And Now, Regarding Vol.2
Of the 35 tracks on Vol.2, 17 tracks are unique to this release. That’s almost half the album! The Haunting Melodies US release, interestingly enough, has some material belonging in Chapters 4 and 5 that do not appear on this album, and were likely made for later versions of the game. On the other hand, one of the unique tracks on Vol.2 is a vocal track “Requiem for dream (Sound of grief EndingVer),” part of the Chapter 4 partition. An instrumental form of “Sound of grief” appears both on this album (as “VerA”) and the XSEED release (simply titled “Sound of Grief”). “Requiem for dream”, alongside “Eternal Prayer” and “Crimson Sign”, are the three vocal tracks on this disc. I believe “Crimson Sign” was released either commercially or on other enclosures, but “Requiem for dream” and “Eternal Prayer” seem to be unique to this disc. In my opinion, these two tracks alone make a strong, appealing case for fans to seek it out.
For those who want the full list of unique tracks on Vol.2, here goes:
01 – Opening CP4Ver
04 – Dark footsteps
06 – Bottomless pool
08 – Requiem for dream (Sound of grief EndingVer)
11 – Snag
12 – Opening CP5Ver
14 – KIZAMI FullVer
17 – Chapter5-MainBGM
21 – Deep mystery
23 – Pool insect
24 – Light to Despair
27 – Eternal Prayer (Underground corridor)
30 – Escape
32 – Two
33 – Ending Chapter5
34 – Crimson Sign (short Ver.)
35 – BloodCovered
Given this subset of music, one can draw a pretty obvious conclusion: XSEED decided to cut a lot of music from Chapter 5 when they released Haunting Melodies. Fans of the game know that Chapter 5 is very long and packed full of content — I’ve heard criticism from gamers that this chapter is, in fact, too long. Even if that is the case, I’m glad that Hamamoto wrote so much great music for the final chapter. Alongside the immediately brilliant “Eternal Prayer,” I also find myself drawn to tracks with excellent use of piano and string ensemble. Among these, “Light to Despair” and “Two” stand out most. The arranged medley “BloodCovered” also fits the bill nicely here. It’s a great capstone for the two volume set.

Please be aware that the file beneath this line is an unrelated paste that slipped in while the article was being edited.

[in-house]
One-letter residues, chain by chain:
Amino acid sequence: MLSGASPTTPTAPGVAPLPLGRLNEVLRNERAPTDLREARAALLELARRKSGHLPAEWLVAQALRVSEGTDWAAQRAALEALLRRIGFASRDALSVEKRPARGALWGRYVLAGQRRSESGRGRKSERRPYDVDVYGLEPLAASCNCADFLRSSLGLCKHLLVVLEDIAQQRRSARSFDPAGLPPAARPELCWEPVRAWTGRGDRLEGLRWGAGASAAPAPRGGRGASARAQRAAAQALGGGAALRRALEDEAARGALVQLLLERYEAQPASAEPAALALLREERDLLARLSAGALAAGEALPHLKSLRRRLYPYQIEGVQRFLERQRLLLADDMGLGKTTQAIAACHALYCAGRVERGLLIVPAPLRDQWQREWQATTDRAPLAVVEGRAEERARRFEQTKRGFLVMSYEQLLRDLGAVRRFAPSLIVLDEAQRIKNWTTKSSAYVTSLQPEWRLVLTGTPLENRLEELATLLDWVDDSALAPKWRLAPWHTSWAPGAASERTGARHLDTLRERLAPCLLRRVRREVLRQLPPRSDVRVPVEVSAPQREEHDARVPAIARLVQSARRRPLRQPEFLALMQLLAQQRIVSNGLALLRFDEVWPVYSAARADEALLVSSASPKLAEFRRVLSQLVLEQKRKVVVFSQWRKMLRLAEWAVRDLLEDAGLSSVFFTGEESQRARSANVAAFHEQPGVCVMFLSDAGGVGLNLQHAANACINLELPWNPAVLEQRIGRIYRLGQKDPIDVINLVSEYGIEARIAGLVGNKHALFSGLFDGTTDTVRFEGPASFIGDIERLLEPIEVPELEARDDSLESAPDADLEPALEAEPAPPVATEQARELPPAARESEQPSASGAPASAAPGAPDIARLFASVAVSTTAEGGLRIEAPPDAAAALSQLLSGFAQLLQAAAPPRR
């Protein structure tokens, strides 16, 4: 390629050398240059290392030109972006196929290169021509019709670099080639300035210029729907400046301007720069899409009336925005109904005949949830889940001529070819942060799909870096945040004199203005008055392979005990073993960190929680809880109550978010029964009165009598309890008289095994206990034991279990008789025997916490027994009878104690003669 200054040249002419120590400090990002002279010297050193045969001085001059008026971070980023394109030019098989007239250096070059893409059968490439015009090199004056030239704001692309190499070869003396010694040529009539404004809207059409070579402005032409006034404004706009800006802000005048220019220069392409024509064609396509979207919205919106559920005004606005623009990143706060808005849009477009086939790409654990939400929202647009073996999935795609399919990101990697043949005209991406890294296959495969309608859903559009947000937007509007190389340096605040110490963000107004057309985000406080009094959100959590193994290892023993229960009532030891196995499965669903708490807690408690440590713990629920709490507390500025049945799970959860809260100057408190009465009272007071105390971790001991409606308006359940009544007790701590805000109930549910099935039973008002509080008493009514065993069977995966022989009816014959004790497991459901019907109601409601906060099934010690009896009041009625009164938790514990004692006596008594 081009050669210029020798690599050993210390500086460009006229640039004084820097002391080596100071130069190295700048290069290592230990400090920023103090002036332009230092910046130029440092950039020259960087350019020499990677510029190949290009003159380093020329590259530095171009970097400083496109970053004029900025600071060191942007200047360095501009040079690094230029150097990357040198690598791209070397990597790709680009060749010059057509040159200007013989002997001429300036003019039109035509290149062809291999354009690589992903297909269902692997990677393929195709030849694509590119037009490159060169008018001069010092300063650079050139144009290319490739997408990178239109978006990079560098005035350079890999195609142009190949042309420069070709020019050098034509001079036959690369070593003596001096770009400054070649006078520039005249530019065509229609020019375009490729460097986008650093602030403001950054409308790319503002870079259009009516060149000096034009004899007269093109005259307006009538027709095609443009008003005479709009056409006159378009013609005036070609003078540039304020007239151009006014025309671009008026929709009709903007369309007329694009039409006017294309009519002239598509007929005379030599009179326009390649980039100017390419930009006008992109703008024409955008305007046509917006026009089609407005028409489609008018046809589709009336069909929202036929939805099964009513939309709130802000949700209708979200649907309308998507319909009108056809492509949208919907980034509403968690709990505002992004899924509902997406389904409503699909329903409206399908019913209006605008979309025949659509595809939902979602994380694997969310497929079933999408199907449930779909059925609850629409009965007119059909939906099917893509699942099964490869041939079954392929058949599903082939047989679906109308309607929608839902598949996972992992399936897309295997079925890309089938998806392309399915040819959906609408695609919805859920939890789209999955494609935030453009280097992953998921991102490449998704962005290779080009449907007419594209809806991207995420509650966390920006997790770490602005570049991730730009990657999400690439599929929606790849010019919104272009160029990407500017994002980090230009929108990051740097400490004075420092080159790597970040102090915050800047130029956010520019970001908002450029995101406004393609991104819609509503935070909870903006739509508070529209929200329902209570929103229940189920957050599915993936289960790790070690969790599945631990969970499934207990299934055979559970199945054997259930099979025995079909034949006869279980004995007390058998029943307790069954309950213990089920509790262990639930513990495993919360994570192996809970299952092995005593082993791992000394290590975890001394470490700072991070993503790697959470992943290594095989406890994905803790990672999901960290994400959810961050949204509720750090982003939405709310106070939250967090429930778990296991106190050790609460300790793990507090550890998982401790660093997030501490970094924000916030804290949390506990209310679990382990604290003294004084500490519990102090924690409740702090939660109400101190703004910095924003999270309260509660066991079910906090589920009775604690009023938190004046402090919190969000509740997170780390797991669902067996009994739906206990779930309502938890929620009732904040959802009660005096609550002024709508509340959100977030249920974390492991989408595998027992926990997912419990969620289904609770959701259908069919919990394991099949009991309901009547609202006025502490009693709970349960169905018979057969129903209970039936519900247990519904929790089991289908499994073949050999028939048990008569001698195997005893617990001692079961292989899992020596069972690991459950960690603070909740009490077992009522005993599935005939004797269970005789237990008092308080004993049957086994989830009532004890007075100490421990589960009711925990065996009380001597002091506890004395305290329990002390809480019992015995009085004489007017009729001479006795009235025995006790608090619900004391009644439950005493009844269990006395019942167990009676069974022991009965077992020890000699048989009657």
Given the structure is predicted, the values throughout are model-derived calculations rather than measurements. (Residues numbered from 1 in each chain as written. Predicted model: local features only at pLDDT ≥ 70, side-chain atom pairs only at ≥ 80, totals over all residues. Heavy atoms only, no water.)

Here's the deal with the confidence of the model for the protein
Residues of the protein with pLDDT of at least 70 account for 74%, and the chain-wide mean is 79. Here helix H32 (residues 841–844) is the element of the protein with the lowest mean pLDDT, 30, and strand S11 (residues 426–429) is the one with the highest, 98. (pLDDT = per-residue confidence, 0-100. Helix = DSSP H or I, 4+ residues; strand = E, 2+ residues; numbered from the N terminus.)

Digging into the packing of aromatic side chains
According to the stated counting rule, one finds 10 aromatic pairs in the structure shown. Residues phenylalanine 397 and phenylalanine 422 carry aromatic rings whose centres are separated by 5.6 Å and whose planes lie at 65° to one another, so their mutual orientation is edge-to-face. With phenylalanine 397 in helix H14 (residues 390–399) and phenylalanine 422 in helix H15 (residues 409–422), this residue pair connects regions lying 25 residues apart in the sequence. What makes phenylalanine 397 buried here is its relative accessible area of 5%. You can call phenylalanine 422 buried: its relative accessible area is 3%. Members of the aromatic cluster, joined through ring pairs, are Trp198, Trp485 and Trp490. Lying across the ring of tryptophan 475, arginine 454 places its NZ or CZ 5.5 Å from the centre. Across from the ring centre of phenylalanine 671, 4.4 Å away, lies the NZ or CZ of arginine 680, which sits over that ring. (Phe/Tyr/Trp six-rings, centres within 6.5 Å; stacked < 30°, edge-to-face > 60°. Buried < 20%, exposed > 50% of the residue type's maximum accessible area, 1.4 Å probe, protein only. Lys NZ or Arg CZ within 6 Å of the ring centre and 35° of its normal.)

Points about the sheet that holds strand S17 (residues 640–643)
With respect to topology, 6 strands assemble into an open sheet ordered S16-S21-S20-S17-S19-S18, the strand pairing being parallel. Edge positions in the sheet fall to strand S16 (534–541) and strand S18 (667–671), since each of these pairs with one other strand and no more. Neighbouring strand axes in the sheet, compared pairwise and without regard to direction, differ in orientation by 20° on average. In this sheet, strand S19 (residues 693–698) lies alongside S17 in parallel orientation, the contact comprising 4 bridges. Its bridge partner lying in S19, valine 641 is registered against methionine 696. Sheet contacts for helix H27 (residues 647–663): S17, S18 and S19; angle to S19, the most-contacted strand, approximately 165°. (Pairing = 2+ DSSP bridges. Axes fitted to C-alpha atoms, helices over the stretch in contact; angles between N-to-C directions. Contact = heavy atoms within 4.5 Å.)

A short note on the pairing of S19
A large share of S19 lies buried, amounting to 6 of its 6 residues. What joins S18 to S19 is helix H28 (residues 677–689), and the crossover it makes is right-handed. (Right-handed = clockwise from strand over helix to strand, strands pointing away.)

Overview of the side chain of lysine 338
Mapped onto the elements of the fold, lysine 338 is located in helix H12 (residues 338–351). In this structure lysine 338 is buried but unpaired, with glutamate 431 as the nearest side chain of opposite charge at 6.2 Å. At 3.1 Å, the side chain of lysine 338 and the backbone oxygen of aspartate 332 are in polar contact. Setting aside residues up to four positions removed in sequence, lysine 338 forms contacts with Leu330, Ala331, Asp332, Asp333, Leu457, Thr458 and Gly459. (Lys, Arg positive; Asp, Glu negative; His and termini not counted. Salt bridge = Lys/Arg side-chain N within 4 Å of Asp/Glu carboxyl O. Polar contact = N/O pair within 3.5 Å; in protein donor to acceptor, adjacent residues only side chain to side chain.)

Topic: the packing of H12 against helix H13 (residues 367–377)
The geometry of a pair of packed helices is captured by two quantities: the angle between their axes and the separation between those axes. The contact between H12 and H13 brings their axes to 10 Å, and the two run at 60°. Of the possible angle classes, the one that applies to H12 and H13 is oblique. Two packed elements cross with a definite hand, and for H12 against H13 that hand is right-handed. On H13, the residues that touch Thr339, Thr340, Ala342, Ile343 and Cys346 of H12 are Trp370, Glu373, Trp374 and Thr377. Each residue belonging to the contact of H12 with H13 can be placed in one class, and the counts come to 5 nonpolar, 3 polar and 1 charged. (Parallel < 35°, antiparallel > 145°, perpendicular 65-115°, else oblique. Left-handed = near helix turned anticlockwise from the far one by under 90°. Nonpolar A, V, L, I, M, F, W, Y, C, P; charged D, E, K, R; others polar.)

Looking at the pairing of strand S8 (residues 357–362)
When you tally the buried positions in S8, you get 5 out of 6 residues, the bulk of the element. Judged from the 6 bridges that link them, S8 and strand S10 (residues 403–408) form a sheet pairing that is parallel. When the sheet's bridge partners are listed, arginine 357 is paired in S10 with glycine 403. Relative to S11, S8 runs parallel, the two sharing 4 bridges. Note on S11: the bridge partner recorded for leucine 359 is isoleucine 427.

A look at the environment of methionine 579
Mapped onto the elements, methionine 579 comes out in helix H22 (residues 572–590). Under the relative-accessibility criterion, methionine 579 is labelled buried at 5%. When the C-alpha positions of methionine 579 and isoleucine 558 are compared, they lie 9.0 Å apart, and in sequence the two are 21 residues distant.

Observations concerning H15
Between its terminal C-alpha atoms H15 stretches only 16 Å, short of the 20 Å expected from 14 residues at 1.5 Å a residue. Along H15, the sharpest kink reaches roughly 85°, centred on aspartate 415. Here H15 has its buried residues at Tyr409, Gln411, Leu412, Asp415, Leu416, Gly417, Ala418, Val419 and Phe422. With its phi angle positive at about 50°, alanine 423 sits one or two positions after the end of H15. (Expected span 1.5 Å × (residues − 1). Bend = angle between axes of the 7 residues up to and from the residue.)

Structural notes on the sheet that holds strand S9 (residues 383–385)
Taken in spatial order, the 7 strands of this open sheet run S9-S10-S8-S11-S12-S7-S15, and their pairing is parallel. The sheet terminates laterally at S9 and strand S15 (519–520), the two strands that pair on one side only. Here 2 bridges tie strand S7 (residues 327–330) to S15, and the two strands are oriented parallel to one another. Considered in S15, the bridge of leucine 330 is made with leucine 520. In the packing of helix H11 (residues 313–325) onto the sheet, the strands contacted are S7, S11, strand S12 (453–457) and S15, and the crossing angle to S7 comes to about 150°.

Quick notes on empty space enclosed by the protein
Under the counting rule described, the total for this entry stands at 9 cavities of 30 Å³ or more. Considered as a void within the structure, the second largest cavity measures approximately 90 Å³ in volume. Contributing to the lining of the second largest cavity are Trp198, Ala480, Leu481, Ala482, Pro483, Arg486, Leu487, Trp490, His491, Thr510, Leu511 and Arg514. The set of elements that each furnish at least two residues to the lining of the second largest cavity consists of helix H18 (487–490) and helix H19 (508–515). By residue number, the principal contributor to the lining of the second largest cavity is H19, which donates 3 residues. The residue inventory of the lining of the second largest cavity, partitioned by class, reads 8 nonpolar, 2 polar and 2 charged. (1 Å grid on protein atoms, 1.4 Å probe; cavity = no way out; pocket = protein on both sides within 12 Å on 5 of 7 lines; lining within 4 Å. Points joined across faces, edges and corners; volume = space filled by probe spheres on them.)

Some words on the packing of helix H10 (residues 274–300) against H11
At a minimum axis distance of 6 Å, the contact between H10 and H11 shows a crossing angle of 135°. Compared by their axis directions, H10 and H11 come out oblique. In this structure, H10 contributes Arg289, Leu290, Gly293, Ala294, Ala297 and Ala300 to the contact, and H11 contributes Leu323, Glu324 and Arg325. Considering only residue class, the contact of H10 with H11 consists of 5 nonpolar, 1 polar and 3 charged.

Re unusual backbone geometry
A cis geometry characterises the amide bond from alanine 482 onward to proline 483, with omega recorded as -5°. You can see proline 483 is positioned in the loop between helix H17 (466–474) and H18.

For those more inclined to electronic, gritty, and/or industrial style music, there’s “KIZAMI,” as well as “Snag” and “Dark footsteps.” The last of these three almost qualifies as ambient noise, but there’s enough tonal quality there to think of it as enjoyable music composition. And by “enjoyable,” I mean something like this — effective as a middle-of-the-night alarm ringtone to ruin your roommate’s sleep and possibly cause bedwetting.
To this day, I still do not understand why this album is so rare. I imagine it had a small print run. And, considering it was published 4 years after the first volume, perhaps the Japanese fan base didn’t justify a large printing at the time. I have also pondered about the possibility that the vocal tracks may have been published on this album, but perhaps they were not supposed to be based on agreements with the performers? I have no idea what the situation is here, but I for one would like to see a reprint, or a digital release if nothing else, so fans can complete their Corpse Party audio collection.
That, and, a soundtrack release for the original PC-98 Corpse Party from 1996. “Dream on,” you say? Perhaps I will. But if I fall asleep listening to this gem of an album, the dream may end up a nightmare.